Byline: Heather Landy and Matthew Monks
It almost made sense: a transaction between PNC Financial Services Group Inc. and Regions Financial Corp., involving branches in Florida.
Between the pressure on Regions to repair itself and the growing sense that Florida is once again fertile ground for banking, all it took was an unsourced report that PNC is interested in Regions - posted on a local newspaper blog and amplified by a pickup from national news outlets - to generate a quick spike in Regions' stock early Wednesday.
"That's why these rumors can get some traction and excitement - everybody is waiting for the next big, blockbuster deal that is going to happen," said Marty Mosby, an analyst with Guggenheim Partners LLC.
But shares of Regions retreated from a session high of $6.56 to a closing price of $6.31, up 1.8%, as the idea of a takeover by PNC got batted down.
A more plausible scenario might be the second component of the initial report by the South Florida Business Journal, that PNC also is weighing a deal with BankAtlantic Bancorp, which has been shopping its Tampa Bay-area branches for months. Analysts said PNC is one of a half-dozen or so banks motivated and able to acquire BankAtlantic's 19 branches there, and BankAtlantic shares remained elevated throughout the trading session, rising 11.63% to close at 96 cents. Regions declined to comment, and BankAtlantic officials did not return calls.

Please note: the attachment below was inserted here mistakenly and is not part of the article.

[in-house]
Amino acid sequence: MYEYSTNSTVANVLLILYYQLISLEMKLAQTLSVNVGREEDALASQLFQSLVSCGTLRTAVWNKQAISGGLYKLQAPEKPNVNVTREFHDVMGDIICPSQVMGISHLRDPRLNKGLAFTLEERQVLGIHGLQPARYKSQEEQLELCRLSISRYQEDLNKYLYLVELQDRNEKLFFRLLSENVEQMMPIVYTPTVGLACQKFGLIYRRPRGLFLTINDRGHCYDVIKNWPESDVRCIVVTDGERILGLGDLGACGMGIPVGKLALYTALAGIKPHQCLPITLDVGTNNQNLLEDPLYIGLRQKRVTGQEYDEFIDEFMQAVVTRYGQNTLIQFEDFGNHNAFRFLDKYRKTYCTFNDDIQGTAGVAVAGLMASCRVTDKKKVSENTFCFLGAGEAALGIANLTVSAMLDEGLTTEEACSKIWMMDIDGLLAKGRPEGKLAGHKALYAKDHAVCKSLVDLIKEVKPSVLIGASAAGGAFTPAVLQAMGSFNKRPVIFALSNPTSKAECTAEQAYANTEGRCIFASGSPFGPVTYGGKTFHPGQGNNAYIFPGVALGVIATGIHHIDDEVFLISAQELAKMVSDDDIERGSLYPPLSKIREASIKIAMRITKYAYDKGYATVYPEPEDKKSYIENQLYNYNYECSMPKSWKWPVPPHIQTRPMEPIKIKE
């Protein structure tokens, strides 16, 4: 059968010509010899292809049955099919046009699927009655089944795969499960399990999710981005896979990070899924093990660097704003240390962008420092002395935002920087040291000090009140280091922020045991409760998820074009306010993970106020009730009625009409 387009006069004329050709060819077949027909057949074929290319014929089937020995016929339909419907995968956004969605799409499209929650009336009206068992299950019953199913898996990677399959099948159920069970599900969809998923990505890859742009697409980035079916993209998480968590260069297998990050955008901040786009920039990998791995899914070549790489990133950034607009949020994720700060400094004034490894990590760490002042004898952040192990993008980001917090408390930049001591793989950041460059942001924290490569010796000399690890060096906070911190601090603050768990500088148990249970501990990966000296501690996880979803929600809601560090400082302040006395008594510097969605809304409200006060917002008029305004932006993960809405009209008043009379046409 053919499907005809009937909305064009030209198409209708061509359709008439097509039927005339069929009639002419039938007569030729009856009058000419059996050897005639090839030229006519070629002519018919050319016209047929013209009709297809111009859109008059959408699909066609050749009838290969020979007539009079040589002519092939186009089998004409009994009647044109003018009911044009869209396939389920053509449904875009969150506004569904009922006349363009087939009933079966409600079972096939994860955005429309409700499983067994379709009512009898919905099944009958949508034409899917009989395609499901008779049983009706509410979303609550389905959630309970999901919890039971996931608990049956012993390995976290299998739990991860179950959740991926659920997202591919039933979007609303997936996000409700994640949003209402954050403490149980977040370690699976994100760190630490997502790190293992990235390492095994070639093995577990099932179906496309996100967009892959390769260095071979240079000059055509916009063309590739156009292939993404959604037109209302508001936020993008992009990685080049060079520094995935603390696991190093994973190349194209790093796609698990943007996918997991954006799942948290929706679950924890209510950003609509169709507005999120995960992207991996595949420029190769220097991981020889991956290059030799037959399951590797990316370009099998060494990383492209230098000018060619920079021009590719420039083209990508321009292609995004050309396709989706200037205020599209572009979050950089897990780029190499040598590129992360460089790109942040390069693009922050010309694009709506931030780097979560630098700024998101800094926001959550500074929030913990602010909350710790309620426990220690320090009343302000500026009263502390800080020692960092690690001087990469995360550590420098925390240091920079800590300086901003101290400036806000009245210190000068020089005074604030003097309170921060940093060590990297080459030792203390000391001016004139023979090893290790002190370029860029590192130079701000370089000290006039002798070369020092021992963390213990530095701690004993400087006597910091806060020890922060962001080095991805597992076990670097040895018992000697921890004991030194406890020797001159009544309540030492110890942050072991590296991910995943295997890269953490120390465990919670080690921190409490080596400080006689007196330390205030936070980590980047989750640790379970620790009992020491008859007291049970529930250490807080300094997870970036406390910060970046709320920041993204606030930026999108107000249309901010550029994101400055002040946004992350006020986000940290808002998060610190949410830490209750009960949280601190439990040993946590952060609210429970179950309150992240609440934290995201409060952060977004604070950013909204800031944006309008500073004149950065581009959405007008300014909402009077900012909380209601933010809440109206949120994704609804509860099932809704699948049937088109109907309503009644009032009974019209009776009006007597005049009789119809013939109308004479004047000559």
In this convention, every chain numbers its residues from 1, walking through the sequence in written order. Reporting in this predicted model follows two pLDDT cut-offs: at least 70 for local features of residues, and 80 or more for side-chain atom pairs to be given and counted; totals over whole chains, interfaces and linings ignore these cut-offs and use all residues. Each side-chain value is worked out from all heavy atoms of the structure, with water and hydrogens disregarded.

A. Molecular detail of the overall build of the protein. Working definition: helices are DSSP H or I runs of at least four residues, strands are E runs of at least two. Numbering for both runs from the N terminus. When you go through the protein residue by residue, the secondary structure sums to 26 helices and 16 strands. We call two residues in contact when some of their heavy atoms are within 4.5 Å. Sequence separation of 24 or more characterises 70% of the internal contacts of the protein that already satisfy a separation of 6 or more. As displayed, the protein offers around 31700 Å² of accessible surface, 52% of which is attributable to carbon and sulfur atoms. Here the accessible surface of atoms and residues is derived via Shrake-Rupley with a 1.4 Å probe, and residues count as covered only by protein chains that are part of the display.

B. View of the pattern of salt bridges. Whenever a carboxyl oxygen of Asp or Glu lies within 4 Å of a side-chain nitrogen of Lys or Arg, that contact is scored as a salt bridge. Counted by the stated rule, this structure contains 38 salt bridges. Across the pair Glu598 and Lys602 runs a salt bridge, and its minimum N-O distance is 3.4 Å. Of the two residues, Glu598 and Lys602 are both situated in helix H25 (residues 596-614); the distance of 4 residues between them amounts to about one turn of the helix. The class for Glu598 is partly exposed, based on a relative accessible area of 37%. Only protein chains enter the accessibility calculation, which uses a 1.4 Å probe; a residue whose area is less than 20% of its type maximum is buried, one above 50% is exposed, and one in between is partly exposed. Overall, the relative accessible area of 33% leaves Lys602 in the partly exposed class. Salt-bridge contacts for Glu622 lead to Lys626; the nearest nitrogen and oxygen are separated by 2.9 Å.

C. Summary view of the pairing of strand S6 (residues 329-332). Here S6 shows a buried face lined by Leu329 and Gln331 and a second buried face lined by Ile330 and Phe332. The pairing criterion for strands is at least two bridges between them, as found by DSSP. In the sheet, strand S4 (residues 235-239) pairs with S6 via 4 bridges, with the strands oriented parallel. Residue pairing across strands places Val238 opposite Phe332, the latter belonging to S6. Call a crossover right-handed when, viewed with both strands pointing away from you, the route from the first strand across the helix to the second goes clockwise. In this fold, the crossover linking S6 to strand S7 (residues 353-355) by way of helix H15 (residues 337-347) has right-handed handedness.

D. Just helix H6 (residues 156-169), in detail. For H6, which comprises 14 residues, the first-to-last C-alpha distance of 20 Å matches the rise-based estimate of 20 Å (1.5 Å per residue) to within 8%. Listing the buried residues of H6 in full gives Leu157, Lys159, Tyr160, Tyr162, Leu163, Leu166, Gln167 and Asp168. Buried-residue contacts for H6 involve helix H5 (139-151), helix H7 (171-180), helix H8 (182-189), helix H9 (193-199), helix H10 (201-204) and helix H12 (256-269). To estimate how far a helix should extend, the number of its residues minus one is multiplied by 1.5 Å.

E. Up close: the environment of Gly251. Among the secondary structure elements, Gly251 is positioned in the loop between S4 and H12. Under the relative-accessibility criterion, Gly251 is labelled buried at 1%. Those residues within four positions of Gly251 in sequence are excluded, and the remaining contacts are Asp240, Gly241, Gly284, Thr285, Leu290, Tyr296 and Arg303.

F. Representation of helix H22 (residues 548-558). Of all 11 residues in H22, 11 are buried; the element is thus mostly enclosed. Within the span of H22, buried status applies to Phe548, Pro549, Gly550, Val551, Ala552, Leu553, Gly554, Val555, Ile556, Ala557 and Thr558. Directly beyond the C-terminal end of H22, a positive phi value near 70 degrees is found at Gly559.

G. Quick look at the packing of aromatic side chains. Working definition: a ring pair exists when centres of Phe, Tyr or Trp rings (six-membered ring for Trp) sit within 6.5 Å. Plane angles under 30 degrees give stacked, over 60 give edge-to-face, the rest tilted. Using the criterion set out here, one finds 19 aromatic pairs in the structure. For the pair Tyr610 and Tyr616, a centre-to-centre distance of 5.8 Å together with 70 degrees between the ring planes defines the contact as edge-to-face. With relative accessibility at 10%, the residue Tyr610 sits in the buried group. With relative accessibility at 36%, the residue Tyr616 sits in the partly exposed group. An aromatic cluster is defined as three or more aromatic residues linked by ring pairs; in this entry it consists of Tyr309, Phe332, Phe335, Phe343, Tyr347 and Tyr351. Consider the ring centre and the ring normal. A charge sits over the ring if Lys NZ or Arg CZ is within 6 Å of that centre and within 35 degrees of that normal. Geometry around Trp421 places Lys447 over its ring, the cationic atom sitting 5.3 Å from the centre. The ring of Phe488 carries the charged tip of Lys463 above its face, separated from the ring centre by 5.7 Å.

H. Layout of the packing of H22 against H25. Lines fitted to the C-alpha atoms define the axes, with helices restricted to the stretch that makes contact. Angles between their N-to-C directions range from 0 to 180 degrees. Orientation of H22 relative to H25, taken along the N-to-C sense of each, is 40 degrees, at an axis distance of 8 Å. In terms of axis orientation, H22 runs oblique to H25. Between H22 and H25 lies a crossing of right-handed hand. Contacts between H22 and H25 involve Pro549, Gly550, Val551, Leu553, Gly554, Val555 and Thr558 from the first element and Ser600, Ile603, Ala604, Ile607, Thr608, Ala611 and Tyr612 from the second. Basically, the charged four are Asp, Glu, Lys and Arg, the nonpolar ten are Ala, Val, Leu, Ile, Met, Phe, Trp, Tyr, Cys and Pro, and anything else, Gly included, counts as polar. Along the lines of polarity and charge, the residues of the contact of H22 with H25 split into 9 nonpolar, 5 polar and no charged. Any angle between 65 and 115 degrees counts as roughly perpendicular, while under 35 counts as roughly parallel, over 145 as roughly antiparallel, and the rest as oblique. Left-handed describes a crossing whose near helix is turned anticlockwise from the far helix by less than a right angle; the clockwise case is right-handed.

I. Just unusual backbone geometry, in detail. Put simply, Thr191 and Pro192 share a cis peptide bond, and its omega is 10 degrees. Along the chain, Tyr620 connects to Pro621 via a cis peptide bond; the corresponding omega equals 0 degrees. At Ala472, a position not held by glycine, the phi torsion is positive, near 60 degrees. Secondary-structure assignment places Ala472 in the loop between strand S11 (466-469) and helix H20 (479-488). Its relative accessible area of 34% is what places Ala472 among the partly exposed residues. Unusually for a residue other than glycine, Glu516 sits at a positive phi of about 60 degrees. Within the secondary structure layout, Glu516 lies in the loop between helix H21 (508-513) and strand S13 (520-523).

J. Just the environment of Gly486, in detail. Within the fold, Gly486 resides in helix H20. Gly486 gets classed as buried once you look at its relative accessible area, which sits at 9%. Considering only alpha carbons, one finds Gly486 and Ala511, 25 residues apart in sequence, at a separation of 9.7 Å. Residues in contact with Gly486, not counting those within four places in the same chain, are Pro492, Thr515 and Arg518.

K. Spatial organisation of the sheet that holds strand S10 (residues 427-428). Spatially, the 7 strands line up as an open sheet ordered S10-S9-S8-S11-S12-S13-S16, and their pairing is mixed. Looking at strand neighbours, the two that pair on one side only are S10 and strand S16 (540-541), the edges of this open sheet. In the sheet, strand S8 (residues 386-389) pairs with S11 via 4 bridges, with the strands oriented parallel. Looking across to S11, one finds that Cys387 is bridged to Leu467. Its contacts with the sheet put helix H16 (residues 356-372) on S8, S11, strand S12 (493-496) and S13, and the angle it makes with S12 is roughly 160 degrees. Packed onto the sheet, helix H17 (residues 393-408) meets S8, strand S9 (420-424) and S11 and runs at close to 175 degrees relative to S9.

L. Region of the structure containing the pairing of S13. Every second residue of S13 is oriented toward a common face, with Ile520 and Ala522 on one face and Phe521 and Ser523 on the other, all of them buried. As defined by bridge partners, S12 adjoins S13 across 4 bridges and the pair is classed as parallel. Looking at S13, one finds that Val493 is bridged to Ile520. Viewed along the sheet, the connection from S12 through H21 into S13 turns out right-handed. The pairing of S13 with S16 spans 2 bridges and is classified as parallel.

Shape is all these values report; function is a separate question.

Right or wrong, the rumors spoke to investors, who are eager for straggling banks like Regions and BankAtlantic to get back on course. Regions has lost money in seven of the last eight quarters. BankAtlantic has not turned a profit since mid-2007, and is working on its third capital raise of the year to shore up a tangible common equity ratio that slipped below 2% in the past two quarters.
The market's reaction to the rumors also gave further validation to the notion that Florida is a logical place for a bank like PNC to expand. The Pittsburgh company already has 109 branches there, acquired in the takeover two years ago of National City Corp. And though the financial crisis decimated the Florida real estate market, taking down dozens of banks in the process, the resulting wellspring of relative residential real estate bargains makes it likely that Florida will keep attracting people from the Northeast and Midwest, along with their banks.
"When you look at the [failed Florida] banks that have been …